October 23, 2008

Building The Tombs

Today we celebrate the feast day of St. John of Capistrano, one of the "pillars" of the Observant reform of the Franciscan Order. Yesterday we celebrated St. Peter of Alcántara, a colleague of St. Teresa of Avila, whom we celebrated earlier this month. I love these memorials of the saints who were the great reformers in the history of religious life; I find them inspiring.

But to celebrate these saints, to offer the beautiful prayers of their Masses and Offices frightens me a little too. For if I myself am doing nothing to reform and renew religious life, to shake it out of its obvious (to me) state of lassitude and decadence, then I am fulfilling Jesus' own condemnation of the hypocrites:

Woe to you, scribes and Pharisees, you hypocrites. You build the tombs of the prophets and adorn the memorials of the righteous, and you say, "If we had lived in the days of our ancestors, we would not have joined them in shedding their blood." Thus you bear witness against yourselves that you are the children of those who murdered the prophets; now fill up what your ancestors measured out! (Matthew 23:29-32)

Sometimes I have an honest fear that mainstream religious life--as least as it is here in North America--is falling into this trap. We are very good at celebrating the courageous reformers of the past, but not so good at aiming their reforming vision at ourselves.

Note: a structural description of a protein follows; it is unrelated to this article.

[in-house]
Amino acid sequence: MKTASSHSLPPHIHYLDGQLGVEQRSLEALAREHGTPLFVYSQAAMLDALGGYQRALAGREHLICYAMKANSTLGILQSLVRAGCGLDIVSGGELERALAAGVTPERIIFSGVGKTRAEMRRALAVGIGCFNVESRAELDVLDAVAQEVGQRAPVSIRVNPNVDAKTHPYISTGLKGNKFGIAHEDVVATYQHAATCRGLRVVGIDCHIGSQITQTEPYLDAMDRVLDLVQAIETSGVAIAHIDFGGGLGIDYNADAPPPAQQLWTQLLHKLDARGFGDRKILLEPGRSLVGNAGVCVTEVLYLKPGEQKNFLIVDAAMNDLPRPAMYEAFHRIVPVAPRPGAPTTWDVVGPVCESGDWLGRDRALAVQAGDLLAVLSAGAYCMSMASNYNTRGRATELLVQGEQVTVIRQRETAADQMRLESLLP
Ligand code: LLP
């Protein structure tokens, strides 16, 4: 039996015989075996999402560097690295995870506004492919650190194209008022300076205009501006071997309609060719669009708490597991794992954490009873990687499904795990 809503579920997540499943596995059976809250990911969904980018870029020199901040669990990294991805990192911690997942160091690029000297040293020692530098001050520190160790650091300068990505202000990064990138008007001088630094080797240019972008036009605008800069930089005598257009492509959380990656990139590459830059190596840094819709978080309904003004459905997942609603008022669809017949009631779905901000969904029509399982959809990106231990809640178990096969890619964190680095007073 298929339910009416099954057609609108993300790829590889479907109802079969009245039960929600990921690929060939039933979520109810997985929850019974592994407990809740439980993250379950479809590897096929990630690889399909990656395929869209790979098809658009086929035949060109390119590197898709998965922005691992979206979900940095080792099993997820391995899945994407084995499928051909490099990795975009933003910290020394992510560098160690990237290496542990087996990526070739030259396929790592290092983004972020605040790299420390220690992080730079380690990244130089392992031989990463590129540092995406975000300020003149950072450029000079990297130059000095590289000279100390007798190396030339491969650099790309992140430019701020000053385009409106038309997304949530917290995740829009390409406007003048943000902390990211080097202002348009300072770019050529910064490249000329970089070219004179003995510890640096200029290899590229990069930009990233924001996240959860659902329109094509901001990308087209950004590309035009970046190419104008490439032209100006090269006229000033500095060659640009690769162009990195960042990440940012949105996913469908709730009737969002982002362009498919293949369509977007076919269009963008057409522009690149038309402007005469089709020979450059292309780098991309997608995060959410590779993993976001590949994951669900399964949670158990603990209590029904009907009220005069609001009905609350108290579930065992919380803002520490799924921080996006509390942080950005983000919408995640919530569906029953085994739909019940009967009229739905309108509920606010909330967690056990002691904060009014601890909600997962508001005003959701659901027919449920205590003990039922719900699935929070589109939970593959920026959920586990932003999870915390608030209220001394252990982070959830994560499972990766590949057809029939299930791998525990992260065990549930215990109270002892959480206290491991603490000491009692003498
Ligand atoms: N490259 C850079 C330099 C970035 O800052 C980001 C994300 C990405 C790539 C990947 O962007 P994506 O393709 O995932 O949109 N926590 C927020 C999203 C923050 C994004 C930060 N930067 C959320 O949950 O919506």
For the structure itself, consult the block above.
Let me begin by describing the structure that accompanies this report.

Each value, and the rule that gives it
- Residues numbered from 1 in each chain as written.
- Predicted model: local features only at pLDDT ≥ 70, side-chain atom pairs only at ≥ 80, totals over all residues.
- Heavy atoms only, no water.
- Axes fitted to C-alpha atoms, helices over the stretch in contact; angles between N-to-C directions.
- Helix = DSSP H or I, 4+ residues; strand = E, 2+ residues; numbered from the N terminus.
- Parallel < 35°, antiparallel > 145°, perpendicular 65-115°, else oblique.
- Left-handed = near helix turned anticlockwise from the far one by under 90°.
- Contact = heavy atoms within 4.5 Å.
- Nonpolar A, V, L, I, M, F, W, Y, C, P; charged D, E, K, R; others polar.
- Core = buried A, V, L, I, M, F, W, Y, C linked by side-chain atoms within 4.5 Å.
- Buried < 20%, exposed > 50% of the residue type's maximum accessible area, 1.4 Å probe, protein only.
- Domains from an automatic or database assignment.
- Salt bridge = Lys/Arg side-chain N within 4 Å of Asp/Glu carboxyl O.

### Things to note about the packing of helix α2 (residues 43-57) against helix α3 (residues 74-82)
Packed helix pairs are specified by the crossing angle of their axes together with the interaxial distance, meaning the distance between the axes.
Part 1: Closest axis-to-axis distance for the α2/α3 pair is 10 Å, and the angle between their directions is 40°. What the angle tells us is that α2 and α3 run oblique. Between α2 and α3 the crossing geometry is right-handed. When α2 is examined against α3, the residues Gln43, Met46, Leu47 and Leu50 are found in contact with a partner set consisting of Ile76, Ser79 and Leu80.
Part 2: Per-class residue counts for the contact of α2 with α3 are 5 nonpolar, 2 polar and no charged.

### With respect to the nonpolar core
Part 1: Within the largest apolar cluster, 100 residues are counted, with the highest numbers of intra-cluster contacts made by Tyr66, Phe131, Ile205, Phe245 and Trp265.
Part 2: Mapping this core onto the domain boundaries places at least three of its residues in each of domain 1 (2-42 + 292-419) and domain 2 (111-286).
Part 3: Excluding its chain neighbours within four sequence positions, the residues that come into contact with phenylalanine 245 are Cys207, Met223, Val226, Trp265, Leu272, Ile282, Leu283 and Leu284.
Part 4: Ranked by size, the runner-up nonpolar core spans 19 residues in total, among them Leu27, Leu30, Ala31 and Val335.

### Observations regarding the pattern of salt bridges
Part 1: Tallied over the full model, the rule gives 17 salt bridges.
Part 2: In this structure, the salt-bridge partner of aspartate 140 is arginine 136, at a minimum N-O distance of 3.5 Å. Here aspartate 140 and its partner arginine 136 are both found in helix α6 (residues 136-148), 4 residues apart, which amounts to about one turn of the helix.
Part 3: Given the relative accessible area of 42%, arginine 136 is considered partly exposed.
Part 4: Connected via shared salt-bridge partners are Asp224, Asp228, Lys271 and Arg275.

1 comment:

Anonymous said...

Do not fret. There are many courageous reformers in the US church. How about Mother Angelica? or Fr. Benedict Groeshel? (sorry, I know this is a sensitive issue for east coast Capuchins, but the tree is known by its fruit) or the men who started that new strict benedictine monastery in Clear Creek, Oklahoma? What about the Priestly Fraternity of St. Peter, which is just now 20 years old and already a world-wide congregation? Or Communion and Liberation, or Opus Dei, or the Neocatechumenal Way?

Outside of America we see the same things. St. Josemaria Escriva was very much a contemporary reformer, as was Bl. Theresa of Calcutta. For that matter Pope John Paul II was a great reformer.

So all is not lost. There are many men and women today acting to reform religious life. Now, I don't know of anybody as zealous as St. Peter of Alcantara, but he almost makes St. Francis look mild.

I can see your reform impulse all the way from Denver, even though we have never met face to face. Why would anybody even think of wearing a black stole to a committal if it wasn't to do more to encourage people to offer prayers and sacrifices for the deceased, and to remind them to amend their own lives. Nothing says memento mori like black vestments